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Ternary Kv4.2 channels recapitulate voltage-dependent inactivation kinetics of A-type K+ channels in cerebellar granule neurons.

Yimy Amarillo, Jose A De Santiago-Castillo, Kevin Dougherty, Jonathon Maffie, Elaine Kwon, Manuel Covarrubias, Bernardo Rudy

J. Physiol. (Lond.), 2008 Apr 15 , 586, 2093-106

Kv4 channels mediate most of the somatodendritic subthreshold operating A-type current (I(SA)) in neurons. This current plays essential roles in the regulation of spike timing, repetitive firing, dendritic integration and plasticity. Neuronal Kv4 channels are thought to be ternary complexes of Kv4 pore-forming subunits and two types of accessory proteins, Kv channel interacting proteins (KChIPs) and the dipeptidyl-peptidase-like proteins (DPPLs) DPPX (DPP6) and DPP10. In heterologous cells, ternary Kv4 channels exhibit inactivation that slows down with increasing depolarization. Here, we compared the voltage dependence of the inactivation rate of channels expressed in heterologous mammalian cells by Kv4.2 proteins with that of channels containing Kv4.2 and KChIP1, Kv4.2 and DPPX-S, or Kv4.2, KChIP1 and DPPX-S, and found that the relation between inactivation rate and membrane potential is distinct for these four conditions. Moreover, recordings from native neurons showed that the inactivation kinetics of the I(SA) in cerebellar granule neurons has voltage dependence that is remarkably similar to that of ternary Kv4 channels containing KChIP1 and DPPX-S proteins in heterologous cells. The fact that this complex and unique behaviour (among A-type K(+) currents) is observed in both the native current and the current expressed in heterologous cells by the ternary complex containing Kv4, DPPX and KChIP proteins supports the hypothesis that somatically recorded native Kv4 channels in neurons include both types of accessory protein. Furthermore, quantitative global kinetic modelling showed that preferential closed-state inactivation and a weakly voltage-dependent opening step can explain the slowing of the inactivation rate with increasing depolarization. Therefore, it is likely that preferential closed-state inactivation is the physiological mechanism that regulates the activity of both ternary Kv4 channel complexes and native I(SA)-mediating channels.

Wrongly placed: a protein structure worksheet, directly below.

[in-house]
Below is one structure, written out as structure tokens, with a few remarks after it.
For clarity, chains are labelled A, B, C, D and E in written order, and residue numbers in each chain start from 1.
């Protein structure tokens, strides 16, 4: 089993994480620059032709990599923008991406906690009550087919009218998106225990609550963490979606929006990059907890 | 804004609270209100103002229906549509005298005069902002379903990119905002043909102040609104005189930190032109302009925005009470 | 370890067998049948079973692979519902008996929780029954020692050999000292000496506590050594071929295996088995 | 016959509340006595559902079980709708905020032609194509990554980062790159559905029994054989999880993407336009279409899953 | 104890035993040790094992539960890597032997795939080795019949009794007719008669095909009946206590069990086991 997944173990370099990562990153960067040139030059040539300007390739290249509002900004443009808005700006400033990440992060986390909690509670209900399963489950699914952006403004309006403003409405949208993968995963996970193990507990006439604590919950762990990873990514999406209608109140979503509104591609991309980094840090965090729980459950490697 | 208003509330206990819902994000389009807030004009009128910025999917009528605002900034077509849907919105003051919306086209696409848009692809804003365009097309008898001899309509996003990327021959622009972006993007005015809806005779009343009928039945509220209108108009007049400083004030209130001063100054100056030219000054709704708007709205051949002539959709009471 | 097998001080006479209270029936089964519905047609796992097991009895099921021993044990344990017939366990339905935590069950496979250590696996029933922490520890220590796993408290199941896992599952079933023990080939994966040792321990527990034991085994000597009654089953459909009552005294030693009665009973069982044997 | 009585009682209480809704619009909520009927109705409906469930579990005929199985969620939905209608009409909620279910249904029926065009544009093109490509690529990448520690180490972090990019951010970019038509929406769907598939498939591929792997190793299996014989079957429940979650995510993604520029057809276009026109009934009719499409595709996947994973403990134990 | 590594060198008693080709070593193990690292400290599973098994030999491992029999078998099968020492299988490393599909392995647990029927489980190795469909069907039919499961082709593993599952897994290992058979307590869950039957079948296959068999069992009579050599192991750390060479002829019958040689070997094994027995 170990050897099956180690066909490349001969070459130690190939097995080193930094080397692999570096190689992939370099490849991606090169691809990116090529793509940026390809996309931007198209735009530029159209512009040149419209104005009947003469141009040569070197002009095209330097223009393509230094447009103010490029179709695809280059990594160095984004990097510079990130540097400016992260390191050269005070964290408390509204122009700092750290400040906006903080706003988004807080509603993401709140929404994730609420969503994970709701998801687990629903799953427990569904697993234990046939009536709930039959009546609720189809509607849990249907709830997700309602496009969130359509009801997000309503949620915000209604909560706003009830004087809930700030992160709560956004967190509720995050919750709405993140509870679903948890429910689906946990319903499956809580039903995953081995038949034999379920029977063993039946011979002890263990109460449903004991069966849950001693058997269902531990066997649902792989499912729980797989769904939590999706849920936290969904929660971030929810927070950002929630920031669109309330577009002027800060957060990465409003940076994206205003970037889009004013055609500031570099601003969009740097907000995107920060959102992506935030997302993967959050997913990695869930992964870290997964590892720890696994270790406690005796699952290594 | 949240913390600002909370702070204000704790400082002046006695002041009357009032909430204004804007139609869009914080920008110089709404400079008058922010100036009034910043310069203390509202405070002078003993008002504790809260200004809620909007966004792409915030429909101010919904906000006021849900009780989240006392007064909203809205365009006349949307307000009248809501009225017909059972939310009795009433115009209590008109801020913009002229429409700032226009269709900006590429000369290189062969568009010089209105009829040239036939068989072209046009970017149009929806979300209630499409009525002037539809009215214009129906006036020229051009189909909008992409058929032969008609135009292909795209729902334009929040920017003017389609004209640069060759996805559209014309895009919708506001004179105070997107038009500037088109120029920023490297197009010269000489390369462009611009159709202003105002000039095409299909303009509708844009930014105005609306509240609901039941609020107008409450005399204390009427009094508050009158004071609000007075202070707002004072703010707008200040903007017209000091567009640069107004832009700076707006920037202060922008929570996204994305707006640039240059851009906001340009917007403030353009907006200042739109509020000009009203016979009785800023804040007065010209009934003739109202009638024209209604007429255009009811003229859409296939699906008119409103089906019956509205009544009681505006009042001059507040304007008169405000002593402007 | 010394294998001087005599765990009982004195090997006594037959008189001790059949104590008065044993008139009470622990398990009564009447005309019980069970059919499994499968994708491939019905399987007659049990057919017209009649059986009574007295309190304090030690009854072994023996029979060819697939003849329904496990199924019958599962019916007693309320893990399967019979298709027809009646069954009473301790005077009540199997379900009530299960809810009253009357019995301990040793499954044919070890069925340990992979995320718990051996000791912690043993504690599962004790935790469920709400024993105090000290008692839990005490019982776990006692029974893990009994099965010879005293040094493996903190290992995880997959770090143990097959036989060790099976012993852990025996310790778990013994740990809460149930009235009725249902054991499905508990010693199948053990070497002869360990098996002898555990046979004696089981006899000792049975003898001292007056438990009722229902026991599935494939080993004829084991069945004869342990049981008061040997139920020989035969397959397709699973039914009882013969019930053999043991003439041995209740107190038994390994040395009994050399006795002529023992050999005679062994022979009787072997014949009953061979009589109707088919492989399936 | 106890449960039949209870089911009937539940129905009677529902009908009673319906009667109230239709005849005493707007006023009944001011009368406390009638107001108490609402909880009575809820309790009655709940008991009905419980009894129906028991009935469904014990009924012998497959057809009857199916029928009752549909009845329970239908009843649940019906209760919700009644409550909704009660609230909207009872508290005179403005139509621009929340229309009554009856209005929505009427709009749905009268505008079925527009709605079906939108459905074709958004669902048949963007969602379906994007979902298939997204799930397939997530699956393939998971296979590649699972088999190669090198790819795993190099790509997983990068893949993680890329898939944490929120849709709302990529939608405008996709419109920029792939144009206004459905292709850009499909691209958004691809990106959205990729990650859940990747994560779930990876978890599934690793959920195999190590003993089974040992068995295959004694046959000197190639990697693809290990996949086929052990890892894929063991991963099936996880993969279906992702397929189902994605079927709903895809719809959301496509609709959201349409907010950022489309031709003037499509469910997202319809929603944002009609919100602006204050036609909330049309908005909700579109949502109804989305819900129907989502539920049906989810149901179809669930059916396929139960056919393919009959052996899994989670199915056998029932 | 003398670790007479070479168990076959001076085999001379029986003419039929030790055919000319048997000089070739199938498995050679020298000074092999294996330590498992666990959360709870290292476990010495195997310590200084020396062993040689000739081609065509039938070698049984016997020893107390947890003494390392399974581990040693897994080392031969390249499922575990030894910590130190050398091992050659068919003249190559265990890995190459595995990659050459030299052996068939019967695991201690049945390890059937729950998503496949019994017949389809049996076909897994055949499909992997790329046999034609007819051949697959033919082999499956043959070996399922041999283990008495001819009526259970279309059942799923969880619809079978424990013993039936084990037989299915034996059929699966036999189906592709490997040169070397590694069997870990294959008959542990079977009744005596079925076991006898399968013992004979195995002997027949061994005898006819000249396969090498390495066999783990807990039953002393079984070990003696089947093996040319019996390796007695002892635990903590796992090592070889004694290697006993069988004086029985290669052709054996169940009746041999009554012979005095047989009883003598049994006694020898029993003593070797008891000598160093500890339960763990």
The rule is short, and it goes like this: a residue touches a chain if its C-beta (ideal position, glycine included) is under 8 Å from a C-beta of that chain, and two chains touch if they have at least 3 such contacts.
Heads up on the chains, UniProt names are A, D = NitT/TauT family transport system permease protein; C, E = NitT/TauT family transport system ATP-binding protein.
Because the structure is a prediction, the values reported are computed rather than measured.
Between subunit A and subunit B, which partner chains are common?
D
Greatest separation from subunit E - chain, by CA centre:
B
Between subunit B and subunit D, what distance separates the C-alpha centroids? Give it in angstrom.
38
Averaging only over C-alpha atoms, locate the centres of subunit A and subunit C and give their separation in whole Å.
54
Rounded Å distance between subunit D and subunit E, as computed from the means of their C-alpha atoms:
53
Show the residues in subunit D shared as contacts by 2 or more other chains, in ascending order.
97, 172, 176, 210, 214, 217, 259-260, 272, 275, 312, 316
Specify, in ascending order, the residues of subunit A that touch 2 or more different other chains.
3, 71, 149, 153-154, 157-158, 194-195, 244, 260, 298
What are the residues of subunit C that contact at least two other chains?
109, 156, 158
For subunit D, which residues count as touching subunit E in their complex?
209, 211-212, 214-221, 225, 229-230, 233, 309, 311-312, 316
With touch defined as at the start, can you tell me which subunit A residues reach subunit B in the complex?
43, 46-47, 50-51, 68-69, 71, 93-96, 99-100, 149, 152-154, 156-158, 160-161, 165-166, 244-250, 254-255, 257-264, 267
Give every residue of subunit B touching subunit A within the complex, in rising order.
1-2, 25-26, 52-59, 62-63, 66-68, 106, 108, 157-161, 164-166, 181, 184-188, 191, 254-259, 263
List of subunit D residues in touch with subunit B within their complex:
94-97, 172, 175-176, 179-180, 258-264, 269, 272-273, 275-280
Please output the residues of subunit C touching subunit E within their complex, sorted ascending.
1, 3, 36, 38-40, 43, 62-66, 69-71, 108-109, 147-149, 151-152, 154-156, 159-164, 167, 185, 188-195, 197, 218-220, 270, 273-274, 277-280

http://www.ncbi.nlm.nih.gov/pubmed/18276729